And I actually think if you look at China, which has done a lot more on renewable and a lot more on some of the technology than they are given credit for, and in some respects, even more than we’ve done to date; if you look at India, putting $3 billion into reforestation out of their budget, and you ask, “Well, that’s not what we’re doing,” well, but then their response is, “We are moving pretty rapidly. We may not be moving exactly as you would want us to move,” and India is saying, “We haven’t gotten credit for reforestation, but that’s a real effort to mitigate against climate change. We need credit for that.”
I think we’re in the beginning of the hard bargaining and the sorting out. And what we want them to do is not match us in absolute terms, but have reductions from business as usual; given the technological advances, don’t repeat our mistakes. I mean, to be fair to us, for 150 years, the industrial revolution, we didn’t really get it. We knew that you couldn’t breathe until you had to clean up the air for that purpose, but we didn’t understand the connection with climate. We have no excuses left now.
And our argument to China and India is: Yes, you have a right to develop and we want you to develop, and in fact, we admire your commitment to eradicating poverty and we want to help you do that. But you can’t do it the way we did it, because you will suffer consequences that will undermine your development. I think that that conversation is a very healthy one for us to have, and to try to figure out how we’re going to get to Copenhagen and come up with an agreement that is credible.
QUESTION: Speaking of final questions, speaking of hard negotiations, what message would you have to the Senate Democrats who seem to be holding up the passage of a comprehensive healthcare bill? Or are they amending it in ways that are useful and productive?
SECRETARY CLINTON: Well, actually, I think that it’s a very healthy process that’s going on. They are having to hammer out all of their differences. And there are serious differences in viewpoint, for example. But what the President has said, and what I believe is the right approach, is that this can’t be put off any longer.
I mean, it’s a little bit like what I was saying about climate change. Back in ’93 and ’94 when I was on the frontlines and taking all the incoming fire on this issue, people didn’t really accept in their gut that we had to do this. They kept thinking there’s another way out of this, and it’s not that bad, and we’ll try managed care and we’ll try more HMOs, we’ll try all of that. And now, all these years later, we realize that we have some fundamental problems with our existing system that has to be – that have to be addressed.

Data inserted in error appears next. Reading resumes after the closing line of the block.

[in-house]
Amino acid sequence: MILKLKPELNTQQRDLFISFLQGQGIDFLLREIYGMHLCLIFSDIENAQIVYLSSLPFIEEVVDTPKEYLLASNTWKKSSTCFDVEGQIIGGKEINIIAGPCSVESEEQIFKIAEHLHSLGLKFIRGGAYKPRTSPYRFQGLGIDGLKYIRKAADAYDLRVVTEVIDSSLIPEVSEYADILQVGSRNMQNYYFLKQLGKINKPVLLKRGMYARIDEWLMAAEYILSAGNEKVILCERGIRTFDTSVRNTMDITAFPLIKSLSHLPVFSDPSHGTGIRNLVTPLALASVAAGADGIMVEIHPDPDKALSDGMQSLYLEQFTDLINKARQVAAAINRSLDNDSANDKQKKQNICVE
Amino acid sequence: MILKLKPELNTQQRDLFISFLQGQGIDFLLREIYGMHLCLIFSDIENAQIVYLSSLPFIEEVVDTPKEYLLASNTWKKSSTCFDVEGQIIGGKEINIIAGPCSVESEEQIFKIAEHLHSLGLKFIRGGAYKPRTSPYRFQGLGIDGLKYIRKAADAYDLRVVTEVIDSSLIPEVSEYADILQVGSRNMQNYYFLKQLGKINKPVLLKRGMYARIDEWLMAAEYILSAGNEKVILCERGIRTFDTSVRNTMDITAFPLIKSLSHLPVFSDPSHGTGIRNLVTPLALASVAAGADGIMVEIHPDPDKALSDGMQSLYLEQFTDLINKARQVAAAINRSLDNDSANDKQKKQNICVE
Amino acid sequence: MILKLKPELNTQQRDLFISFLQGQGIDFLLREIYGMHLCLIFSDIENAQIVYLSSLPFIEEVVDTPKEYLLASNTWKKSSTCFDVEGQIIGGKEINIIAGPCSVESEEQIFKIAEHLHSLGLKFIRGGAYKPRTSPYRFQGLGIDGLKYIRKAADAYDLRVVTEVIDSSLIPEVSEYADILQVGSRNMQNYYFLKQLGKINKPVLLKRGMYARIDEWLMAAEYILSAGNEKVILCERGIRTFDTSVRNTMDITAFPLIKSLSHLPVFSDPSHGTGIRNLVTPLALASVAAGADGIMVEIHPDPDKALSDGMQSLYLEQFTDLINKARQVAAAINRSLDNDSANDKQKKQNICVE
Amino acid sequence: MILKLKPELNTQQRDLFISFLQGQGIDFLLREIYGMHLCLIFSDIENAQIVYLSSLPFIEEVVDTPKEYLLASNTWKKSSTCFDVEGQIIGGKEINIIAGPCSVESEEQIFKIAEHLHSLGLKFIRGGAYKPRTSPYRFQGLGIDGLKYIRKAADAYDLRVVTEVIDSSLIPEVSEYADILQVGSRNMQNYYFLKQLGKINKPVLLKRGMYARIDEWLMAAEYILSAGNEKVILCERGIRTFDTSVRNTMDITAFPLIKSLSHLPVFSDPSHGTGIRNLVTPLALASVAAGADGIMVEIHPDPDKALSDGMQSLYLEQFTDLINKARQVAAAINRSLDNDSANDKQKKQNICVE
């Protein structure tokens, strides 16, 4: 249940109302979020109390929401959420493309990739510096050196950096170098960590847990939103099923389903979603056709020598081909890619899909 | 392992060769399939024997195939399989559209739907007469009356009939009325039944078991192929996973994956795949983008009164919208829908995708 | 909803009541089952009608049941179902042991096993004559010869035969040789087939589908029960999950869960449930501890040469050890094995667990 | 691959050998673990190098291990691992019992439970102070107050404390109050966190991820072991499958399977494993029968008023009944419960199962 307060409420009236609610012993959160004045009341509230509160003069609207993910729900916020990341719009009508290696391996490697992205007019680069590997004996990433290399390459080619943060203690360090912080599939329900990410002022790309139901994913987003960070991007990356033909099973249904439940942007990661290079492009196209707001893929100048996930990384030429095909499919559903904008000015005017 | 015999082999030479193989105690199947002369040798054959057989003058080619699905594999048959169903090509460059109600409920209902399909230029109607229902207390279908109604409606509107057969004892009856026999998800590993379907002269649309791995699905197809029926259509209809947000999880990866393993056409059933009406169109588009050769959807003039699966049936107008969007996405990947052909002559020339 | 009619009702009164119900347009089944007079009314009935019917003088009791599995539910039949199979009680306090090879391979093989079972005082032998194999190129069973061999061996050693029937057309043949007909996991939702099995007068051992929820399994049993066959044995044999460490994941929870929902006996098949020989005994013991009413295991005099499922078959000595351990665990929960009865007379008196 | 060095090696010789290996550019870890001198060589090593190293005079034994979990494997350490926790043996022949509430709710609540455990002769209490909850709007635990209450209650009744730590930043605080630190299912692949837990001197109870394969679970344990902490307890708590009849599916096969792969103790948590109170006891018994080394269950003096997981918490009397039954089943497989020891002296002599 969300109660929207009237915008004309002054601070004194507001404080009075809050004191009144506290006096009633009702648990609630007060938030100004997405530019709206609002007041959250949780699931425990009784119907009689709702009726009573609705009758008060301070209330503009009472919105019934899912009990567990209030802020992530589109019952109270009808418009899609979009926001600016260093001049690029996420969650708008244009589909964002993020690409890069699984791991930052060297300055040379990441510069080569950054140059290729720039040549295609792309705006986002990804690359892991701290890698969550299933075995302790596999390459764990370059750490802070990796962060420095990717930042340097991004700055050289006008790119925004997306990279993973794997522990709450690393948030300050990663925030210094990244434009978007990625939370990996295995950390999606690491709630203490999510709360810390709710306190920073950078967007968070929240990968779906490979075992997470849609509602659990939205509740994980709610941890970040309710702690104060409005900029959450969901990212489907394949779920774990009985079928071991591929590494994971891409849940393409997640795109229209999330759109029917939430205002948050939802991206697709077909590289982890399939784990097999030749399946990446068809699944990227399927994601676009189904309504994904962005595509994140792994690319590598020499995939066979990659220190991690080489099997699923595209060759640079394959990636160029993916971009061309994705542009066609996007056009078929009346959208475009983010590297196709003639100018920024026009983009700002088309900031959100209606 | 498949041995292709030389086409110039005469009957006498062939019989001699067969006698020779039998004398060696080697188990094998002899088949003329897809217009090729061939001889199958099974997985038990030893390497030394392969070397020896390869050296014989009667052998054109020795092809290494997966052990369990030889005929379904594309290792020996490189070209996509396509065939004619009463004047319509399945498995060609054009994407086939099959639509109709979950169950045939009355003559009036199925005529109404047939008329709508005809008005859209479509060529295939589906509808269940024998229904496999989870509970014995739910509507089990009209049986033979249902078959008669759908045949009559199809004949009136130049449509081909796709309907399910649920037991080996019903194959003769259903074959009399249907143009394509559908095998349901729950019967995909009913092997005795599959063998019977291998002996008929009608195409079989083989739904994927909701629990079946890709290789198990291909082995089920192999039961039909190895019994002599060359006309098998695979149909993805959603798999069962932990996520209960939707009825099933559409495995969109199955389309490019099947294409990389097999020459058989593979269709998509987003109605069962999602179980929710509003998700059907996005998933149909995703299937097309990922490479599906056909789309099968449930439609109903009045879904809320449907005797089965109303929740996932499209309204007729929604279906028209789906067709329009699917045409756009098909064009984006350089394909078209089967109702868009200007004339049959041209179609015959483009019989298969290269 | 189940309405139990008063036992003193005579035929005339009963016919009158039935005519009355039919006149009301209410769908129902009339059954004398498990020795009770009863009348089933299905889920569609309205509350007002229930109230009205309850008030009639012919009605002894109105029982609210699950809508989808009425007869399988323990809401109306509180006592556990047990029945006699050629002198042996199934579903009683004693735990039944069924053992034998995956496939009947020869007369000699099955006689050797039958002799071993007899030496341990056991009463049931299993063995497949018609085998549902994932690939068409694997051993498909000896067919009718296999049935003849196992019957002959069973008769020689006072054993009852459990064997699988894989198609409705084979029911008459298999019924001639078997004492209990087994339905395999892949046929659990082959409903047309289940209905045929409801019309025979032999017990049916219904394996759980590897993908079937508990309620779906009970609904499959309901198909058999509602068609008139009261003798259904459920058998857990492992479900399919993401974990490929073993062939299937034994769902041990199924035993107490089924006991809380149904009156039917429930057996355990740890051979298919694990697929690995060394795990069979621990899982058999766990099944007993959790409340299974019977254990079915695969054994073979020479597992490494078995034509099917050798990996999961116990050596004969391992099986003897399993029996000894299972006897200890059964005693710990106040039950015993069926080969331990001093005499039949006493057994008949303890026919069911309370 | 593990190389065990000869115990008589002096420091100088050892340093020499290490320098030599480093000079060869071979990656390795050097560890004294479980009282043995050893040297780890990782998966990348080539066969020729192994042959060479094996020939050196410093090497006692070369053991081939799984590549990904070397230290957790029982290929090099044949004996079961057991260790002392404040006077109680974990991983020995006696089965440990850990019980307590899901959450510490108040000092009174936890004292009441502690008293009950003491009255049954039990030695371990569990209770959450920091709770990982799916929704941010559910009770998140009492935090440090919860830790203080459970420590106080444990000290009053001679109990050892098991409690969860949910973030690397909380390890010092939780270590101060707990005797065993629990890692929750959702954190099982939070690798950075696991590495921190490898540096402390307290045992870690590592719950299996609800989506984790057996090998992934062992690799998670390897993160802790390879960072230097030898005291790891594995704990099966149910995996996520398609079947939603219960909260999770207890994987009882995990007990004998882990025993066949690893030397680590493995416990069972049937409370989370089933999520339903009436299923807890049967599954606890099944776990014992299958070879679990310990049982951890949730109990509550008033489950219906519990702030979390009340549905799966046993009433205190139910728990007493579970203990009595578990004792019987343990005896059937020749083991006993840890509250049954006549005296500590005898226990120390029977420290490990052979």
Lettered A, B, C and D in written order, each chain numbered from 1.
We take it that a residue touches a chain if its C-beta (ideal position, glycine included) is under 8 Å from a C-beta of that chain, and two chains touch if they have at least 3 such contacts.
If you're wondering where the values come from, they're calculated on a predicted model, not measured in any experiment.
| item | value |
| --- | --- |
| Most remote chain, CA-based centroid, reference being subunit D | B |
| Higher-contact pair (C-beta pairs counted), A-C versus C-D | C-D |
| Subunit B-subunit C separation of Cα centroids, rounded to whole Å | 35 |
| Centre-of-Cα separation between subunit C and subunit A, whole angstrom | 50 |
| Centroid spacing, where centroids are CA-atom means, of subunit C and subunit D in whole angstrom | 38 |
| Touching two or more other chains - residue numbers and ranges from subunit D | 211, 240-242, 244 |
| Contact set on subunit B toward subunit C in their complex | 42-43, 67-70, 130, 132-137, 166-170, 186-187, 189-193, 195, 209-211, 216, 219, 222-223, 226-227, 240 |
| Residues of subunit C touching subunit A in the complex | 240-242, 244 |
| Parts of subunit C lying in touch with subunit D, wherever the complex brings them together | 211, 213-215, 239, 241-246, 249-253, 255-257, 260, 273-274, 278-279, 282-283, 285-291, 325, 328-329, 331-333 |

So I actually believe that at the end of the day, with all of this negotiation and back and forth, we’re going to come up with something. My hope is that it’s going to be meaningful enough to make a difference; to make a difference on the cost side, which is the paramount issue for people like us who have insurance – okay, how do we keep affording it and making sure that it is of high quality; assurances that what we’re going to do on the public side – the Medicaid and Medicare programs – are not going to undermine those programs in ways that they can’t deliver cost-effective quality care; getting people insured and moving as rapidly as possible toward universal care; changing the delivery system and the incentives so that we actually figure out ways to reward prevention, pay for prevention.
In ’93, for example, Fareed, I have – a man who became a friend of mine, but I didn’t know him at the time, Dean Ornish – he came to see me and he said, “Look, I have proof – ”
QUESTION: This is the doctor that --
SECRETARY CLINTON: Who did a lot of work on cardiovascular health, and he said, “I have proof that changes in diet, stress reduction, exercise are as effective if not more effective than medical interventions in lowering people’s overall threat of heart disease.” He said, “But I can’t get Medicare to pay for somebody going to an exercise class, or to pay for a nutritionist to come to their house and talk to them.”
Well, we worked and worked on that all through the time my husband was president. And then finally, during – sometime during the Bush Administration, the Centers for Medicare & Medicaid, CMS, said okay, fine, we’ll begin to pay for this. Well, it shouldn’t be that hard. We’re more than happy to pay for a pill or pay for a procedure; how do we change behaviors, how do we convince the medical establishment to do that. There’s just a lot that needs to be at least included,